The proof of this is straightforward. There is an obvious map {J_{\mathfrak{c}}} to the generalized ideal class group, and it is evidently surjective (by unique factorization). It also factors through {k_{\mathfrak{c}}  U(\mathfrak{c})}. Conversely, if an idele {(x_v)_v  \in J_{\mathfrak{c}}} maps to the idele {(c)} for {c \in k_{\mathfrak{c}}}, then {(x_v)_v c^{-1}} is clearly a unit everywhere and congruent to 1 mod {\mathfrak{c}}, hence in {U(\mathfrak{c})}.

3. Norm class groups

The previous ideas were fairly straightforward, but now things start to get a little more subtle. Recall that, for global class field theory, we’re not so much interested in the idele class group {J_k/k^*} but rather the quotient group

\displaystyle  J_k/k^* NJ_L

for {L/k} a finite abelian extension. There is a way to represent this as quotient group of the ideals, which we shall explore next. This will be very useful in class field theory, because itis not at all obvious how to define the Artin map on the ideles, while it is much easier to define it on these generalized ideal class groups. So, let’s say that a cycle {\mathfrak{c}} is admissible for an extension {L/k} if it is divisible by the ramified primes, and also if whenever {x \equiv 1  \mod \mathfrak{c}}, then {x} is a local norm at the primes dividing {\mathfrak{c}}. As a result, it follows that {U(\mathfrak{c})} consists of norms only—indeed, this is true because every unit at an unramified prime is a local norm. (Cf. the computation of the local norm index, and note that an unramified extension of local fields is cyclic.) Let {\mathbf{N}(\mathfrak{c})} denote the group of ideals in {k} which are norms of ideals in {L} prime to {\mathfrak{c}} (i.e. to the primes dividing {\mathfrak{c}}). I claim that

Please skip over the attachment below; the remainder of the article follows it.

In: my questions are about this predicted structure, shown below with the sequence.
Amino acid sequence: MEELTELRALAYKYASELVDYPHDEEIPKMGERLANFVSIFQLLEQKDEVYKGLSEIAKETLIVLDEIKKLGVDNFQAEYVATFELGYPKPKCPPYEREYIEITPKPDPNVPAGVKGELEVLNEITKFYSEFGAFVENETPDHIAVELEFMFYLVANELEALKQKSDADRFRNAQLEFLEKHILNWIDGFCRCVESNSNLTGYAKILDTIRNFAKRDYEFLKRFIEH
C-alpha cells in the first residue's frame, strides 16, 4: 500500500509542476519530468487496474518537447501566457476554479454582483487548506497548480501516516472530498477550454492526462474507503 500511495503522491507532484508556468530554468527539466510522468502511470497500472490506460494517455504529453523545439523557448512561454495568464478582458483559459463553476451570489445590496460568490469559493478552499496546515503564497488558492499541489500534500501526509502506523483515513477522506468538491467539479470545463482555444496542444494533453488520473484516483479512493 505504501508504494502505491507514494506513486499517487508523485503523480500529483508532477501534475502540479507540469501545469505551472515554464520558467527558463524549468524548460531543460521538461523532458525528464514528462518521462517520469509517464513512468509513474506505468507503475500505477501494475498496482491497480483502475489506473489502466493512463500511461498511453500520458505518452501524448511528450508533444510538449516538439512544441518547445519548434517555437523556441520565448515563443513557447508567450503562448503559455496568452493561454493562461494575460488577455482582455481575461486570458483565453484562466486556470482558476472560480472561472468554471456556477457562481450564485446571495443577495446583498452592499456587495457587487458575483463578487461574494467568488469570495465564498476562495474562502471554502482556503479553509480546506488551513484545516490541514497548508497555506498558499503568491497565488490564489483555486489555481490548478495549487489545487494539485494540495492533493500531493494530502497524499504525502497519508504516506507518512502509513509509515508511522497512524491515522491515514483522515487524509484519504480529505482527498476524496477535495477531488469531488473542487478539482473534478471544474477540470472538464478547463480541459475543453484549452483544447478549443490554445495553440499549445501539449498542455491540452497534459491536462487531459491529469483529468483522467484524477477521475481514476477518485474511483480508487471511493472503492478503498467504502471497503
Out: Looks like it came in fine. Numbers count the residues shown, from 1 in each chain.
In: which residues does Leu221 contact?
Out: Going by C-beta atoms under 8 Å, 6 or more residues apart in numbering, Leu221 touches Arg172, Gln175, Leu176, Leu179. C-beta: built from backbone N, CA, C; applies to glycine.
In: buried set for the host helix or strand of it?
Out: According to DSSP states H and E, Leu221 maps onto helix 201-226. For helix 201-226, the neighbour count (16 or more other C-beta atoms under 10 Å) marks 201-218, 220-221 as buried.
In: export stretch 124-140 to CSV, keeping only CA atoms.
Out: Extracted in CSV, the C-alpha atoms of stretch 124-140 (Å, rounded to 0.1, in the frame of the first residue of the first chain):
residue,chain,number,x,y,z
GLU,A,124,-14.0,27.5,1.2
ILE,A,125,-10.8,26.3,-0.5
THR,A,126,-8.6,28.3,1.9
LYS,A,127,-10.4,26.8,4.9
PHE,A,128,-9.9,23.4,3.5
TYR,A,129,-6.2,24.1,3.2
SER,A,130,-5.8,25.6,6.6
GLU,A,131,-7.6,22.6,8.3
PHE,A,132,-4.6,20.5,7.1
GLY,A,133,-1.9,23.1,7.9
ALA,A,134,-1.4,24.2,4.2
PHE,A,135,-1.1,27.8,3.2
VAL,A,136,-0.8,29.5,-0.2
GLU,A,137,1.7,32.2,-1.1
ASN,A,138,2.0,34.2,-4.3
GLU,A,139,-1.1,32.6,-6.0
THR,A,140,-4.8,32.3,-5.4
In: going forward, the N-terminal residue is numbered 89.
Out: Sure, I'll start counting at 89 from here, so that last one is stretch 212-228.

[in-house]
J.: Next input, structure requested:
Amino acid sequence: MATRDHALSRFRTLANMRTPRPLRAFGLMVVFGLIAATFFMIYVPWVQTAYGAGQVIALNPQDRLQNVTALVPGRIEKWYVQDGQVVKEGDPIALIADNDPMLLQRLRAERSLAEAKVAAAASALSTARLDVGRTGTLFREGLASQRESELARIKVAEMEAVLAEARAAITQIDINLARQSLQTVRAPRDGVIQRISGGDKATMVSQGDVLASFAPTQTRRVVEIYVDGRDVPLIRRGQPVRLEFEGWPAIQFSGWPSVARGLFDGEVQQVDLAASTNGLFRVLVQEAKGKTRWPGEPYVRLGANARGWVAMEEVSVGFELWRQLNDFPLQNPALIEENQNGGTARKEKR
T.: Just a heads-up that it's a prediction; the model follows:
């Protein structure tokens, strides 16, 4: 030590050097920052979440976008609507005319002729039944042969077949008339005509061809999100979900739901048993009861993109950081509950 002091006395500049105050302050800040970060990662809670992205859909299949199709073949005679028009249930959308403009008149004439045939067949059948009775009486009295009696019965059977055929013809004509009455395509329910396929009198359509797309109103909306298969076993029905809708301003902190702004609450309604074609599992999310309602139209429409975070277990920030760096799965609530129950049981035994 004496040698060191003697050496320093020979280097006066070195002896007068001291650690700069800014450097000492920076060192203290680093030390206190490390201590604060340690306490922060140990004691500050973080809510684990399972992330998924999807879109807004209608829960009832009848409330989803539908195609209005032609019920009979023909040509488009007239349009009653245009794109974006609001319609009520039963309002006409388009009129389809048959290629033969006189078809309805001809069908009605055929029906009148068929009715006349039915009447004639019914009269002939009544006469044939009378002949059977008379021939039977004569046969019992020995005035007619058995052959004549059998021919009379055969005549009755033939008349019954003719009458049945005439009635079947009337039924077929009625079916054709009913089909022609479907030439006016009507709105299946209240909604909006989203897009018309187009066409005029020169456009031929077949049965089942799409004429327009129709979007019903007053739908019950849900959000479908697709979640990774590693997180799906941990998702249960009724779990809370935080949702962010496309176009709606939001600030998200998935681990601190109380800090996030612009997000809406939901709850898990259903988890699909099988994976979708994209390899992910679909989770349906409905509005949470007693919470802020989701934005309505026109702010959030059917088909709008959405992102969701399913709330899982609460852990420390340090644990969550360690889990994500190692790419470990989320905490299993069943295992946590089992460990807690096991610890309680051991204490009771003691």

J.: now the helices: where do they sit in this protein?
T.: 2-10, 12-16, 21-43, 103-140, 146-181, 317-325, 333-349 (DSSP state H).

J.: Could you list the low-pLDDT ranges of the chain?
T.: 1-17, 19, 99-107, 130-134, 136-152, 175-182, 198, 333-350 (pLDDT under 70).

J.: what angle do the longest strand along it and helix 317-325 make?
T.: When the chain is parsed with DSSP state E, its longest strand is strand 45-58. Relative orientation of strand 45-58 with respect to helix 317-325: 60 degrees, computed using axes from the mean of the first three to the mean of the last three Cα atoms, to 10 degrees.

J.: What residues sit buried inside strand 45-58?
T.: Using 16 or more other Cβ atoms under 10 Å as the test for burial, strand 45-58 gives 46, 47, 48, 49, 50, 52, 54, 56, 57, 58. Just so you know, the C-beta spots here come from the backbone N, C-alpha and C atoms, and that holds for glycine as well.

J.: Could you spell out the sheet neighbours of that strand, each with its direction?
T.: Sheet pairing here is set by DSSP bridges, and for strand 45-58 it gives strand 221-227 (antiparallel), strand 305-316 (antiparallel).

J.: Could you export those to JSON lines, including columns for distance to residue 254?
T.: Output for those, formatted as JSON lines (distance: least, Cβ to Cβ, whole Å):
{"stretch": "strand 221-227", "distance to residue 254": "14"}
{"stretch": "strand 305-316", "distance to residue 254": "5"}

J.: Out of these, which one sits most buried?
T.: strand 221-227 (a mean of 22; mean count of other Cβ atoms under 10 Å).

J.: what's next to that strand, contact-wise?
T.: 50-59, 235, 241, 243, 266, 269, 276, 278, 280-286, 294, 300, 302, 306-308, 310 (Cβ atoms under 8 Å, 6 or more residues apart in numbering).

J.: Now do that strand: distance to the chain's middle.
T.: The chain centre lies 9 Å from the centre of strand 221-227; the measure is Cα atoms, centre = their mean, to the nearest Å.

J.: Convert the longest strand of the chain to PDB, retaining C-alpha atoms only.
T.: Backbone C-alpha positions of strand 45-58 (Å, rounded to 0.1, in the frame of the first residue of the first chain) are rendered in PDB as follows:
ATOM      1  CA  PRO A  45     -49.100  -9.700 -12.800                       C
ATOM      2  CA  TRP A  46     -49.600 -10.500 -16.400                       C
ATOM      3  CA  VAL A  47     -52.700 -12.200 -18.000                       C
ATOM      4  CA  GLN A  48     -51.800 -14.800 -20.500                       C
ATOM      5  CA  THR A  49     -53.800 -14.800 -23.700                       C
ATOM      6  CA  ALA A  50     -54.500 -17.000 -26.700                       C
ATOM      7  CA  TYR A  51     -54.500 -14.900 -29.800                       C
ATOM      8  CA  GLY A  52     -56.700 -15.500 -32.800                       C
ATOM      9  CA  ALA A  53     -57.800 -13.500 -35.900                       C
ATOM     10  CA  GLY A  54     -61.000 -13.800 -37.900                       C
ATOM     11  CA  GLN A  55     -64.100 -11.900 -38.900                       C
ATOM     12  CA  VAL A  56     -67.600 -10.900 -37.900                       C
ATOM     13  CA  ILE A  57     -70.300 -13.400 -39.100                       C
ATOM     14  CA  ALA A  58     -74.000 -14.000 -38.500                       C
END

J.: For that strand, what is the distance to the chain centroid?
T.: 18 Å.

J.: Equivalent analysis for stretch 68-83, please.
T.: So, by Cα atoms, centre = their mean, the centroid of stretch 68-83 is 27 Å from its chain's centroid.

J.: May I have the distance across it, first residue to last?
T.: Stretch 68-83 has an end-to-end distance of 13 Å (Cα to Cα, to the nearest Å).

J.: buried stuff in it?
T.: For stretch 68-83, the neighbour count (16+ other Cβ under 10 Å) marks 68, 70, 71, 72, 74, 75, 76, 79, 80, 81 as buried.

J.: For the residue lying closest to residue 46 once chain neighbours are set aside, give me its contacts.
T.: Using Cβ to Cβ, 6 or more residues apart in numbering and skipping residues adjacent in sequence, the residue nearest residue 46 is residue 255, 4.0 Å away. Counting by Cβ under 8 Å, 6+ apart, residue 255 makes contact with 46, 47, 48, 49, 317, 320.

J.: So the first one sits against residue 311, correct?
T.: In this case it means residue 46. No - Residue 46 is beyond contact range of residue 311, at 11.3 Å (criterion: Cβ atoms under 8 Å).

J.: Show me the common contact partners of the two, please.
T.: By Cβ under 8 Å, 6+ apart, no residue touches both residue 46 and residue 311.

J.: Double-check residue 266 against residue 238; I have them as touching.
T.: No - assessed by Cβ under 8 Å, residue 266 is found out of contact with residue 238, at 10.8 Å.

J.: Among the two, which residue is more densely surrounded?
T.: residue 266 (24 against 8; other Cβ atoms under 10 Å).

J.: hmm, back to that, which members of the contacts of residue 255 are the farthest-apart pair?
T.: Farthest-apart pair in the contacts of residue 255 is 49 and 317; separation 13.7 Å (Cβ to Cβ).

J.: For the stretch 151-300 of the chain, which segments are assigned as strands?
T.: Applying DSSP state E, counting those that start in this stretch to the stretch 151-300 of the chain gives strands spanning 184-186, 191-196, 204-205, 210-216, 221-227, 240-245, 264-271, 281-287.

\displaystyle  \boxed{J_k/k^* NJ_L \simeq  I(c)/P_c \mathbf{N}(\mathfrak{c})}

when {\mathfrak{c}} is admissible. In the next post, we will use facts about the (idealic, inherently) Dedekind zeta function to bound the index of the latter group. This is another reason to look at these norm class groups. How do we define this map? Well, first pick an idele {i}. Choose {x \in k^*} such that {xi} is very close to 1 at the primes dividing {\mathfrak{c}}, namely {xi \equiv  1 \mod \mathfrak{c}}. Of course, {xi} need not be a unit at the other primes. Then map {xi} to the associated ideal {(xi)}, which is prime to {\mathfrak{c}}. This defines a map {J_k/k^* NJ_L \rightarrow I(c)/P_c  \mathbf{N}(\mathfrak{c})}. But need to check that this map is well-defined. Ok, so suppose we used a different {y \in k^*} instead of {x}. Then {xy^{-1} \equiv 1 \mod \mathfrak{c}}, so {(xi)= (xy^{-1}) (yi)} and {(xy^{-1}) \in  P_{\mathfrak{c}}}. So it is well-defined as a map into the quotient. We do something similar if we replace an idele {i} with something that differs from it by a norm (in view of the approximation theorem). We need to show, of course, that this map is both injective and surjective. First, let’s do surjectivity. Let {\mathfrak{a}} be an ideal, prime to {\mathfrak{c}}; then we can choose an idele with component 1 at the primes dividing {\mathfrak{c}}, and this idele will map to the class of {\mathfrak{a}.} Suppose there are two ideles {i_1, i_2} that both map to the class of {\mathfrak{a}}. Then, choosing {x,y \in k^*} appropriately, we have {xi_1} and {yi_2} mapping to the same ideal, which means that they must have the same valuation at the primes outside {\mathfrak{c}}. (At the primes in {\mathfrak{c}}, by definition they are both units—in fact close to 1.) So

\displaystyle  x y^{-1} i_1 i_2

is in {U(\mathfrak{c})}, which implies it is a norm, and {i_1, i_2} map to the same place in the norm group.